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Neil Wyatt27/05/2019 18:52:42
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Posted by Mick B1 on 03/02/2019 17:18:13:

Well, I think this is a first. I've seen offers of £2.99 down to £2.90, but nothing quite like this:-

lidloffer.jpg

The compressor and air pump are actually pretty useful, but I paid (IIRC) £19.99 for them on an intro offer when the new store opened in Leek.

You really would think that staff might actually read what they're putting up? Or do their conditions make them too cynical to bother?

I understand that pay and conditions at Aldi and Lidl are quite good and google backs this up.

N.

Hacksaw18/08/2019 20:04:46
401 forum posts
162 photos

Umm ...I've read that the electronics in mig welders dislike being run from a generator , or rather the generator needs to be a much larger kw for it to work ? Well , today i used my newish Lidls variable speed 1200w angle grinder with my Honda EX500 genny...( 500w ) It ran it ok to start with, I didn't overload it , as obviously it wasn't making much power running on 500w ..and i was only using a 1mm disc to cut off a 8mm bolt so i wanted it to keep spinning fast . When i went to cut off a second bolt , the grinder wouldn't work.. Nor on mains .. Fetching my second Lidls grinder , that worked ok with genny power and i finished the job .. Do you think i've damaged the variable speed board ? I can't see that I could have burnt out the motor windings...

not done it yet19/08/2019 07:52:19
3246 forum posts
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Posted by Hacksaw on 18/08/2019 20:04:46:

... Do you think i've damaged the variable speed board ? I can't see that I could have burnt out the motor windings...

Many modern electronics are not made with sufficient resilience - to less than perfect sine-wave supply. Particularly items with inverters included (modern welders and plasma cutters). I suspect that electrolytic capacitors won’t cut the mustard when the voltage rise time might be a bit steep or with other transient voltage spikes on the supply.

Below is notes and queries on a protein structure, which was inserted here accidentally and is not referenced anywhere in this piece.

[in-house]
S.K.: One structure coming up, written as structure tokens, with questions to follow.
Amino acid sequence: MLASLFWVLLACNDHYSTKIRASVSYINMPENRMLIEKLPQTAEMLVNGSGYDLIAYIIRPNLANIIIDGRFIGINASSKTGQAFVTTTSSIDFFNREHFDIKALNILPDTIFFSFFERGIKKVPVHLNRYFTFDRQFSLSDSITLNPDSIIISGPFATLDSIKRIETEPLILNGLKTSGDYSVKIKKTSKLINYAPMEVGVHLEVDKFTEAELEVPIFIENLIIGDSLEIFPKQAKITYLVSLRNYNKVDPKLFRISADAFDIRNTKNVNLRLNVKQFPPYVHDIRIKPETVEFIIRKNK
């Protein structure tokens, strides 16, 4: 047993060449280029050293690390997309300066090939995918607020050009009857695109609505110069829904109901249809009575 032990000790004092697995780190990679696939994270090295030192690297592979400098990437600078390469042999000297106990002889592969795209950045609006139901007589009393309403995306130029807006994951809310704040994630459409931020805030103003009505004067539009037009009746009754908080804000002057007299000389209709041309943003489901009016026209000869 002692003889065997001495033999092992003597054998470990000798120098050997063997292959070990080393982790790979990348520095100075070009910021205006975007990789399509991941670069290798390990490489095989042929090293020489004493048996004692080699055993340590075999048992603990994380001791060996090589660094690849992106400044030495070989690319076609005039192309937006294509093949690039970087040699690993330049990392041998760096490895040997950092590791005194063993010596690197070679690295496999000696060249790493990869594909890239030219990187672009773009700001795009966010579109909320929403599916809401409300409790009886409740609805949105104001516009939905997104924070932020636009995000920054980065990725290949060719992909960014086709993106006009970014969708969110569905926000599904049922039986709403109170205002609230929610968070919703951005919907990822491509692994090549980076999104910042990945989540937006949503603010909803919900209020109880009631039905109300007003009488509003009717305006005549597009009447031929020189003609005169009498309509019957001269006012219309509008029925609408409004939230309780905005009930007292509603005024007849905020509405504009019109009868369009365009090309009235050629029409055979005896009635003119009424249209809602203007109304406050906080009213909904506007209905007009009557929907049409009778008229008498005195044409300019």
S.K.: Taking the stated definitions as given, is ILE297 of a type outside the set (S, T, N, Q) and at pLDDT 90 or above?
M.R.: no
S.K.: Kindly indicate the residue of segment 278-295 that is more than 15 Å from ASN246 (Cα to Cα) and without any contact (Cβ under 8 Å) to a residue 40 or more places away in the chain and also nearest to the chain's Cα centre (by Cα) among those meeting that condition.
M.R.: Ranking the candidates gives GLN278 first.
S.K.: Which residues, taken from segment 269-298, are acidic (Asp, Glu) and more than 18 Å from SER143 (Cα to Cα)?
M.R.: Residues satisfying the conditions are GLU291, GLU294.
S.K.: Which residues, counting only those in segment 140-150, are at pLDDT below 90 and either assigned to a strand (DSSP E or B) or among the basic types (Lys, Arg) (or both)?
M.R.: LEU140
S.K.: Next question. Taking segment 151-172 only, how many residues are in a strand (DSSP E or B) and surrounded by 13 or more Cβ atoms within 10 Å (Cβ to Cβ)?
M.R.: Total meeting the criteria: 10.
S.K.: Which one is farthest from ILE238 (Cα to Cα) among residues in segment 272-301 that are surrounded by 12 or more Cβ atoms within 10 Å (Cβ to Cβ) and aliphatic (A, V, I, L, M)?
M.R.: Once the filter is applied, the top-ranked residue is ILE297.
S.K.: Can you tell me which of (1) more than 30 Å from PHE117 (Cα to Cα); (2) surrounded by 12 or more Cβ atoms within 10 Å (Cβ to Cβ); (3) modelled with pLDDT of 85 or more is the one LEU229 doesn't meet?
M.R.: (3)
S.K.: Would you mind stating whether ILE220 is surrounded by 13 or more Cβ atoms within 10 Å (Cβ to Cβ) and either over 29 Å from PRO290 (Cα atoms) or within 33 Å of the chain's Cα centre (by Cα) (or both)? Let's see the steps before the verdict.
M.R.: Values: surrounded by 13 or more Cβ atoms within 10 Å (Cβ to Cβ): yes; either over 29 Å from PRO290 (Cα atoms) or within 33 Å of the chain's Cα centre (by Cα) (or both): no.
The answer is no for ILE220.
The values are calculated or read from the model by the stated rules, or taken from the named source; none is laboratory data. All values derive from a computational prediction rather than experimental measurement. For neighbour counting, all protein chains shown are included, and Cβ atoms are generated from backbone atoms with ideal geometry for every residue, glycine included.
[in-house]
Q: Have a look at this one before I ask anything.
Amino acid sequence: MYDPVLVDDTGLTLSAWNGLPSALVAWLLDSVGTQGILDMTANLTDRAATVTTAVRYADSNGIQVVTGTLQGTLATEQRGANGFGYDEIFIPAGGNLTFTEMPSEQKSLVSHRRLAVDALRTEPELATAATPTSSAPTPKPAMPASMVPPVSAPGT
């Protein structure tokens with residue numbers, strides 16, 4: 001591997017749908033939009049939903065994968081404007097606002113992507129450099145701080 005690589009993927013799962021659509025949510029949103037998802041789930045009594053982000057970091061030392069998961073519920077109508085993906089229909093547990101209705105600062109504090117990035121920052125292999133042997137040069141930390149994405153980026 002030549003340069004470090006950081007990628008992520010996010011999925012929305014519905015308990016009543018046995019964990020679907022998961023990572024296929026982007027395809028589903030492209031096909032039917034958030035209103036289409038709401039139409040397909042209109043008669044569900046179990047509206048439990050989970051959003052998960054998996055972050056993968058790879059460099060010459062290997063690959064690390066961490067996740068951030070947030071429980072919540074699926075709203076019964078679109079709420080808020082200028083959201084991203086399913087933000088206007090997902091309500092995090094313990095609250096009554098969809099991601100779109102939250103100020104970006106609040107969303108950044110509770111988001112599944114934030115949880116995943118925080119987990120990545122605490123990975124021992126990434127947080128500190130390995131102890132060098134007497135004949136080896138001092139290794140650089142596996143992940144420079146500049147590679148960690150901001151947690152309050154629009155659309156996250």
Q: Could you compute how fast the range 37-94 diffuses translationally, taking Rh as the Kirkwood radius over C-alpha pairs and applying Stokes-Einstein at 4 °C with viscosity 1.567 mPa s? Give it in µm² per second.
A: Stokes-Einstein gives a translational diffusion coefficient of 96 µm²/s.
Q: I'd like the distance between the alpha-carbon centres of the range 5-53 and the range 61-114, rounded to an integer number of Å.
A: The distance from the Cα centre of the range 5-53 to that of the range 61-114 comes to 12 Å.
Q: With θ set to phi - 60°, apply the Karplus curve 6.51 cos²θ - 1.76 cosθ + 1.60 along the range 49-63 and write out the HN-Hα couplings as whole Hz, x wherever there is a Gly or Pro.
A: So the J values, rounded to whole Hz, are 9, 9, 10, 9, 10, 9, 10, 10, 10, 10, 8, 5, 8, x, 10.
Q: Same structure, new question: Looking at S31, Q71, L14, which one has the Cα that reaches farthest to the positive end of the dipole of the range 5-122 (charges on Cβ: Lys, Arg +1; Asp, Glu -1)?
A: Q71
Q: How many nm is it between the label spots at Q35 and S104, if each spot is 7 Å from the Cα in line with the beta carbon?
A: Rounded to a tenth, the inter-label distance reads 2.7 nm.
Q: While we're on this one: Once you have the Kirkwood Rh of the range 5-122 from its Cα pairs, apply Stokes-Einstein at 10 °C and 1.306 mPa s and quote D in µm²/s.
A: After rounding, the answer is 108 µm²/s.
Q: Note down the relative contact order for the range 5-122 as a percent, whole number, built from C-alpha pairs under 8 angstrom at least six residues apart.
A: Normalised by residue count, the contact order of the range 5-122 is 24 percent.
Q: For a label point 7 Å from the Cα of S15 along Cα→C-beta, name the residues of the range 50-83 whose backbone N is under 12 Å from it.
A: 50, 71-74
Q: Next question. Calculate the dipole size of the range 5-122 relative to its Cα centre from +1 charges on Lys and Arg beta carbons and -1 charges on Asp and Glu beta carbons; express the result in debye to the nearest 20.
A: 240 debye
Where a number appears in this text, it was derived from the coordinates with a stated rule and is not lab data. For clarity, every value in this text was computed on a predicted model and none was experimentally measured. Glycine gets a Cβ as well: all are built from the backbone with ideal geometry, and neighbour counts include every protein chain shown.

Even non-polarity conscious capacitors can be junk these days - so many old cars with Kettering ignition systems suffer with failed ‘new’ condensers. I’ve only ever had a couple or three condenser failures on my vehicles/machines and none from the 1930-50 period. I try to fit capacitors with higher voltage spec than the originals, but not always possible...

SillyOldDuffer19/08/2019 09:18:51
4595 forum posts
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Posted by Hacksaw on 18/08/2019 20:04:46:

Umm ...I've read that the electronics in mig welders dislike being run from a generator , or rather the generator needs to be a much larger kw for it to work ? Well , today i used my newish Lidls variable speed 1200w angle grinder with my Honda EX500 genny...( 500w ) It ran it ok to start with, I didn't overload it , as obviously it wasn't making much power running on 500w ..and i was only using a 1mm disc to cut off a 8mm bolt so i wanted it to keep spinning fast . When i went to cut off a second bolt , the grinder wouldn't work.. Nor on mains .. Fetching my second Lidls grinder , that worked ok with genny power and i finished the job .. Do you think i've damaged the variable speed board ? I can't see that I could have burnt out the motor windings...

Small generators are notorious for poor voltage regulation and mucky output. The waveform can be non-sinusoidal and spiky, while the output voltage swings wildly with the load. A simple generator won't be good at handling intermittent loads - like an angle grinder - and is likely to over-volt the angle-grinders electronics.